Number two…Russia (14-1), the team that gave Jackson Center that one loss. The reason I like Russia so much is because they can score, and the way they score. It’s a totally unselfish team with as many as five players on the court that can both run and shoot from range – Hayden Quinter, Braylon Cordonnier, Zane Shappie, Brayden Monnin, and Xavier Phlipot – and they really don’t care who does it. They’ve played together since elementary school and they really get it that there’s no ‘I’ in team. Plus, the Raiders have their own version of pressure defense, and they can play three or four off the bench without much drop-off. Their one great deficiency is size. But they’ve also lost just once, and that one loss was to Jackson Center in the regular-season rematch…by double digits!
Number three…is Tipp City (12-1) out of the Miami Valley League. Understanding now, that we don’t get to see a lot of teams from the WBL, the GWOC, farther south, east, and north…so we have no first-hand assessment of Centerville, Chaminade, and teams others think better. But Tipp is once-beaten (13-1), and have a couple of players in Liam Poronsky and Stanley Clyne that make them a threat on most nights, against most opponents. The one caveat I have about them is there’s too many Fairborn and Greenvilles on their schedule…but you can only play who you play. The MVL hasn’t been basketball strong in years. The other caveat is the question of depth. If Clyne and Poronsky get in foul trouble, where do the points come from, and ability to handle the press?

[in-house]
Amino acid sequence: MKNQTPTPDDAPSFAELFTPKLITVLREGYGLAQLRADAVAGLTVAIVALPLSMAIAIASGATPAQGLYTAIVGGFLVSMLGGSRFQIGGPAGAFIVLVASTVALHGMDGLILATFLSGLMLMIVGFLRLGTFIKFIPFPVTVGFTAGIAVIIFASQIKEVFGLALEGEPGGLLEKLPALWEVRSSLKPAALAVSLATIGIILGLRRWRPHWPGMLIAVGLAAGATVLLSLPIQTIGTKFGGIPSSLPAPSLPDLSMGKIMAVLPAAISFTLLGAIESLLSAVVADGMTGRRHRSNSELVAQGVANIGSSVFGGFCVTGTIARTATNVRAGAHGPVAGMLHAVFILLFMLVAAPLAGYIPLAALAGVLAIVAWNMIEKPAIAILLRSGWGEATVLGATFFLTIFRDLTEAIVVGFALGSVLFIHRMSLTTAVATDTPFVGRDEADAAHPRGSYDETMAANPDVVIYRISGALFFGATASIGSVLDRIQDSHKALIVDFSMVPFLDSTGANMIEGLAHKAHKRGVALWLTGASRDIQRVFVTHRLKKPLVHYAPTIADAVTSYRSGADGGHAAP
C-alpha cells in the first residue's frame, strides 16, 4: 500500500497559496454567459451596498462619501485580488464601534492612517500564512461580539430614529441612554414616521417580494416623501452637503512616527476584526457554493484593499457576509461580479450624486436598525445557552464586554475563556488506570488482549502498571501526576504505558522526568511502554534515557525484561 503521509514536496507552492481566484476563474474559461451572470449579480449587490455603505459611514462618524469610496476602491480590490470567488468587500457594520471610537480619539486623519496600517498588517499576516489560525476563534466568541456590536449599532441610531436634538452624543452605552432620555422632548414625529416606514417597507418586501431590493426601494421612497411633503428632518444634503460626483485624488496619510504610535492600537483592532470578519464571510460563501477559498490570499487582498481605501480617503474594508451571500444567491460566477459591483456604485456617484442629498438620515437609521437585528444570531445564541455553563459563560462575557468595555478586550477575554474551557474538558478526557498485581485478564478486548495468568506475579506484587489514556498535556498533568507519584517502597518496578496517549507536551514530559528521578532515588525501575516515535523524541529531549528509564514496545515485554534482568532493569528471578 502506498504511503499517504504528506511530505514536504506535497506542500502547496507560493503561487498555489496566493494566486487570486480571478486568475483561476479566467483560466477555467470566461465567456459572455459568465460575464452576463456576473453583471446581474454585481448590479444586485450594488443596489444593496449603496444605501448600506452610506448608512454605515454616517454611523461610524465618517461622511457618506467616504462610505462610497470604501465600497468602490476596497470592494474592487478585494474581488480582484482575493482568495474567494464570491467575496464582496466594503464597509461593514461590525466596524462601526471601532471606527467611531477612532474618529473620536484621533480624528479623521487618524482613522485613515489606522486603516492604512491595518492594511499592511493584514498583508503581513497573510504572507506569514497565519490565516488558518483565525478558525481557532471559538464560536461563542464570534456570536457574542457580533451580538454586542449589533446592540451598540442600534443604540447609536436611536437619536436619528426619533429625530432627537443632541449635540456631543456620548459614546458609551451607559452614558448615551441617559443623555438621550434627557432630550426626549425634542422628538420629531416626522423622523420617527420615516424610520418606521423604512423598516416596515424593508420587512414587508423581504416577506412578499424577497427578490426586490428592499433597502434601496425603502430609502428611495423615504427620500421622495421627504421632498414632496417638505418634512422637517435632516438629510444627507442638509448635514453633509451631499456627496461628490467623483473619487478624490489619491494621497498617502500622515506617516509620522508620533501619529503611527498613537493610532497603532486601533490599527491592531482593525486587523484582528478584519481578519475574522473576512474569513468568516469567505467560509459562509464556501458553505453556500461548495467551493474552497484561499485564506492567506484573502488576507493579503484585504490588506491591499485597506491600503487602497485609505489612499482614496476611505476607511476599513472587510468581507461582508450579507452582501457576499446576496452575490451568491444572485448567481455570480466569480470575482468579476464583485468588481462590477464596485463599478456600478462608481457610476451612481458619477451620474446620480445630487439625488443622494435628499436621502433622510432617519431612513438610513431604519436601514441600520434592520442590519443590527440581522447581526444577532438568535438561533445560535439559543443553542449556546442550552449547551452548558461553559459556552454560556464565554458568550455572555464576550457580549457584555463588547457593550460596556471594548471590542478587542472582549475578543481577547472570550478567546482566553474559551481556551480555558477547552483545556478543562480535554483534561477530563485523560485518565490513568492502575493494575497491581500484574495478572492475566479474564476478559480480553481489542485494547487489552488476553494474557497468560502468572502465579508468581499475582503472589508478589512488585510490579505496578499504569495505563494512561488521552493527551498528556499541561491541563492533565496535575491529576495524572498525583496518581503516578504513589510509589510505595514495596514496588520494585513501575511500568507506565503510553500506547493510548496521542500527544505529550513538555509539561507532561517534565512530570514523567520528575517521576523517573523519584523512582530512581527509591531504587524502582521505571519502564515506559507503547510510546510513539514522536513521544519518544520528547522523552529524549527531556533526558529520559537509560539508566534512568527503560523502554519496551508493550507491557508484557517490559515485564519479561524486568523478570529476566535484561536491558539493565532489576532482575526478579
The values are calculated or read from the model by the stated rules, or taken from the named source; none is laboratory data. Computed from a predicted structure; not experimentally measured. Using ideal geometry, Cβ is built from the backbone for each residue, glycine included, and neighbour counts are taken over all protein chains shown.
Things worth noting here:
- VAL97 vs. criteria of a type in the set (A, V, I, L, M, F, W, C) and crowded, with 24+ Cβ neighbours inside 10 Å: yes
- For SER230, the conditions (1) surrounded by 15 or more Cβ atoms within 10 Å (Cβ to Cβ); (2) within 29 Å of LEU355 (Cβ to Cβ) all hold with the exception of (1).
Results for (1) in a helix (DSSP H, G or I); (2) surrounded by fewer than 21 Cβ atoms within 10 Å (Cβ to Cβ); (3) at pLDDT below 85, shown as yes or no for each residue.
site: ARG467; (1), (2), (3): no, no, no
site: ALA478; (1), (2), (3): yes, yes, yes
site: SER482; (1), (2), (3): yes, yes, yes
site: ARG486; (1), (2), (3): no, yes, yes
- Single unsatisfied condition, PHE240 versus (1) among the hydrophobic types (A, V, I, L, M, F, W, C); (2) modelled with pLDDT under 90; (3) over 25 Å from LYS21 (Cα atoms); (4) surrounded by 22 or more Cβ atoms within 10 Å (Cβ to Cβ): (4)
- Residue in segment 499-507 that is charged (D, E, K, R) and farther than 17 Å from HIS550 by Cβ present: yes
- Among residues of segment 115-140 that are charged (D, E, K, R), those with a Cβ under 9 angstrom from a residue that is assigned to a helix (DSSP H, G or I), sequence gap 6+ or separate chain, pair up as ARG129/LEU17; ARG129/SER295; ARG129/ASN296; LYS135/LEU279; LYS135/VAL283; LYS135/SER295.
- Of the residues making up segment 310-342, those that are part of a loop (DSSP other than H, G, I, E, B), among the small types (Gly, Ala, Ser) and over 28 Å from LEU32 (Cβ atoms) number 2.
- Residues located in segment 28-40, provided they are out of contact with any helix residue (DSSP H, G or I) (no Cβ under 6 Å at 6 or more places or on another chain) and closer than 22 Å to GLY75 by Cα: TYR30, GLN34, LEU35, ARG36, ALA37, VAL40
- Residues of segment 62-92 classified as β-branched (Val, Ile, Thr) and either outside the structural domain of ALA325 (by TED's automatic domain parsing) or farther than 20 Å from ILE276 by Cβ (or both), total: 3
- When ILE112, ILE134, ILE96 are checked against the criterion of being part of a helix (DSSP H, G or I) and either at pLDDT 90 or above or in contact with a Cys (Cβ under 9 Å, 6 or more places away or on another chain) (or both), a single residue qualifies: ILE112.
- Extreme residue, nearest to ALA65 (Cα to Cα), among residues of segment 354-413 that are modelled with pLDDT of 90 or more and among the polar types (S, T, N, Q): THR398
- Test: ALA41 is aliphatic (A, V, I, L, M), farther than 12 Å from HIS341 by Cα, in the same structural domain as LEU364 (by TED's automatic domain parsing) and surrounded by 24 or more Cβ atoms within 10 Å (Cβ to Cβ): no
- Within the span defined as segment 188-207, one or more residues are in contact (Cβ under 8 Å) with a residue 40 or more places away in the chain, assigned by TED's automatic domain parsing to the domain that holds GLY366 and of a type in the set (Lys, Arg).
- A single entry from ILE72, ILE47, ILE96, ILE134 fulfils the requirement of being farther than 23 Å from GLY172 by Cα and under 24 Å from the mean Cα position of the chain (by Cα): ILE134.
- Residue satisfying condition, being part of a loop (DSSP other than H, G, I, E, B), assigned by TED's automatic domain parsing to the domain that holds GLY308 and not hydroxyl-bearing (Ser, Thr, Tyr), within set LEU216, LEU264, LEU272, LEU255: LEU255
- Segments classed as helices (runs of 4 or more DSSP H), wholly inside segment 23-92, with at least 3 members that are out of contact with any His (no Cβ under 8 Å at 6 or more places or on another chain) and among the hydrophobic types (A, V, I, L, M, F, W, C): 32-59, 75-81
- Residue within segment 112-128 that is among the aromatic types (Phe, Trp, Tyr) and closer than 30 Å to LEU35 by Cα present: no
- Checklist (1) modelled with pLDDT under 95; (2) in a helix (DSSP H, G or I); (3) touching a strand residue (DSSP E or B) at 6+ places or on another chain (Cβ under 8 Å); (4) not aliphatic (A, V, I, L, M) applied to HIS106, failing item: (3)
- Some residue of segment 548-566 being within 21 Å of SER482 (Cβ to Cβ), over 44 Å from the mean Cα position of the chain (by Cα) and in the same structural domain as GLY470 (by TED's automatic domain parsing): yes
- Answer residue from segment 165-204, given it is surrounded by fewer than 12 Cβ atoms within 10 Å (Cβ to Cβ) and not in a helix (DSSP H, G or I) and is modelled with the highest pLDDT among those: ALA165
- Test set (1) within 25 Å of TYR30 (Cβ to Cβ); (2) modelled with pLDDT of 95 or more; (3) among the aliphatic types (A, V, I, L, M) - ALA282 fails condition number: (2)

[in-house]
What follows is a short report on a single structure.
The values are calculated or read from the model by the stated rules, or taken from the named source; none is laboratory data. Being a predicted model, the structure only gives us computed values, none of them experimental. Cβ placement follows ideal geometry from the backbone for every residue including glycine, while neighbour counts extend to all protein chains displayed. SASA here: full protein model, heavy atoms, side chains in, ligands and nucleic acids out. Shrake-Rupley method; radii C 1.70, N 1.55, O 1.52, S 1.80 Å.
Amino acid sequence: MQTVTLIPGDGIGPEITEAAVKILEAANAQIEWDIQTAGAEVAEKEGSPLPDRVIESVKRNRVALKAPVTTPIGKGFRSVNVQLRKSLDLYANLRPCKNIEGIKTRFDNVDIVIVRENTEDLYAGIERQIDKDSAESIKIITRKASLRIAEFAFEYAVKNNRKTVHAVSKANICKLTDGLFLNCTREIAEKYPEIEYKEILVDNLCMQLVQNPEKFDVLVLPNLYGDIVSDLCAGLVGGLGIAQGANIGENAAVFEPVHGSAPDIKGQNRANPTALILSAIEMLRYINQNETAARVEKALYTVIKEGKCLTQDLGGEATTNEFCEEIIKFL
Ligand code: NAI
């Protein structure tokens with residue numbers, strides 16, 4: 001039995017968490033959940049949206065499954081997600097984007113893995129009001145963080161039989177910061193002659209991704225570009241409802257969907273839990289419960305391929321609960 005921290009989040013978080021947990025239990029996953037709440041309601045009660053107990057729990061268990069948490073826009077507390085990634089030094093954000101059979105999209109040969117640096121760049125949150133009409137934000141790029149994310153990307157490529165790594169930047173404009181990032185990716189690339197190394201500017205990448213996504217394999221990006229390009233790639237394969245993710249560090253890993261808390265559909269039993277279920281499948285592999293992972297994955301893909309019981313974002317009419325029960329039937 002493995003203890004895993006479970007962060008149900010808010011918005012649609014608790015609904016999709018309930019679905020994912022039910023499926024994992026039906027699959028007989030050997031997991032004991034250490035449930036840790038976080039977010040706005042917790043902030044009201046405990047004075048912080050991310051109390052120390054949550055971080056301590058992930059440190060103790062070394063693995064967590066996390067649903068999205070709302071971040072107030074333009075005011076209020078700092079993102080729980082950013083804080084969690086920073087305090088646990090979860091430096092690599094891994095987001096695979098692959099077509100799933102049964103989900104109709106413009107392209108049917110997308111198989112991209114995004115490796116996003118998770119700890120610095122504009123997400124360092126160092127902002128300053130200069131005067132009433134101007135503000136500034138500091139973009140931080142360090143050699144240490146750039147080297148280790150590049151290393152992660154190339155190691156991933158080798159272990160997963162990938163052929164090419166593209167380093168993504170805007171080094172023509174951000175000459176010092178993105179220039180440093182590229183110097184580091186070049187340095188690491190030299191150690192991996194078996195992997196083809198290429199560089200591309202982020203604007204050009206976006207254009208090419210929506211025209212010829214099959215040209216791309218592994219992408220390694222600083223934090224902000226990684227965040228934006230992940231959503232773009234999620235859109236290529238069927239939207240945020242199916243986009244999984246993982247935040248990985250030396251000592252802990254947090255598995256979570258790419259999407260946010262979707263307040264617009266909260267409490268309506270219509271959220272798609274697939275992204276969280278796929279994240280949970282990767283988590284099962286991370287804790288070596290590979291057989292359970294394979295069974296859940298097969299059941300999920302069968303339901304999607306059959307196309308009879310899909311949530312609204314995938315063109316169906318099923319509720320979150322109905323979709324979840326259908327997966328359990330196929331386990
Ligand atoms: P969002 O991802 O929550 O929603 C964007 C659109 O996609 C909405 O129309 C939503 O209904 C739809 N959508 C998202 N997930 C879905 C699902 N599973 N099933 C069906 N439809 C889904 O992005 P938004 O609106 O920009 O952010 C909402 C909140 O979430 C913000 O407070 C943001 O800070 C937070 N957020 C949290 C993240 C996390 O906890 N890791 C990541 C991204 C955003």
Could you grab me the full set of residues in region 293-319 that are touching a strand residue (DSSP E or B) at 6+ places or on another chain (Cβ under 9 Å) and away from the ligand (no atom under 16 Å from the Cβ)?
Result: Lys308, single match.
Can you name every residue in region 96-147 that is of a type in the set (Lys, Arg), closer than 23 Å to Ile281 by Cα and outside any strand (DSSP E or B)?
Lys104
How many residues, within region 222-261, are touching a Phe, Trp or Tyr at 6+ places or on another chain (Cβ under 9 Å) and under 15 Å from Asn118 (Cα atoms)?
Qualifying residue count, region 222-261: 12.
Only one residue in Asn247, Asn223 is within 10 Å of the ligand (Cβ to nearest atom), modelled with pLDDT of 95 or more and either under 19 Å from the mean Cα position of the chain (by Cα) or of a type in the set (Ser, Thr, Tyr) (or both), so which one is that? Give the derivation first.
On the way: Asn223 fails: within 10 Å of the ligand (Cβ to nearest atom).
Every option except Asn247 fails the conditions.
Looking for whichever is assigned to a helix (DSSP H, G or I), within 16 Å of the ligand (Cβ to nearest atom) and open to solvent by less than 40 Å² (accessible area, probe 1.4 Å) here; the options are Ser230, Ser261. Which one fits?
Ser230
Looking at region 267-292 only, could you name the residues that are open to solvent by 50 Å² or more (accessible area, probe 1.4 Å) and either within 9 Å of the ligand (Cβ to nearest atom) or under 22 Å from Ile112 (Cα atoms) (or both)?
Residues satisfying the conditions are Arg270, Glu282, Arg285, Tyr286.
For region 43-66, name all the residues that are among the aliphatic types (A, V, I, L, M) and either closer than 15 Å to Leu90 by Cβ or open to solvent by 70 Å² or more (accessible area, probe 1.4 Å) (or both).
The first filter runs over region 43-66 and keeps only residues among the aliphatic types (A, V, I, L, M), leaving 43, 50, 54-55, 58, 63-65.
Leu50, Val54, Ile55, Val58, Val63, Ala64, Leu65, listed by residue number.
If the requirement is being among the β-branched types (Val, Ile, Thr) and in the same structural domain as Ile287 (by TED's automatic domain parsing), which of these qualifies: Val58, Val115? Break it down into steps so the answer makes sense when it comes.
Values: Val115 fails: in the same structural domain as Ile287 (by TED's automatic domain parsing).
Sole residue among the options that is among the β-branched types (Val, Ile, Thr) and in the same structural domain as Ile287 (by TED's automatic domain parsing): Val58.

Number four..is Miami East (14-1), and for the same reasons we like Tipp. The Vikings are well-coached, they play well together, and those two attributes will win you a lot of basketball games. Their one deficiency is overall size, but who can’t say that? Only St. Marys (6’11” Austin Parks) and Marion Local (6’9″ Jack Knapke) stand out for having a true rim protector. But Jacob Roeth and Wes Enis can both score – not just shoot, but score – and the Vikes do a little bit of everything well. Again their 15-1 record does not reflect great competition from the Three Rivers Conference, but on any given night they’re going to beat a bigger team that does play in a better league. They’re that good, and the game of basketball is that fickle.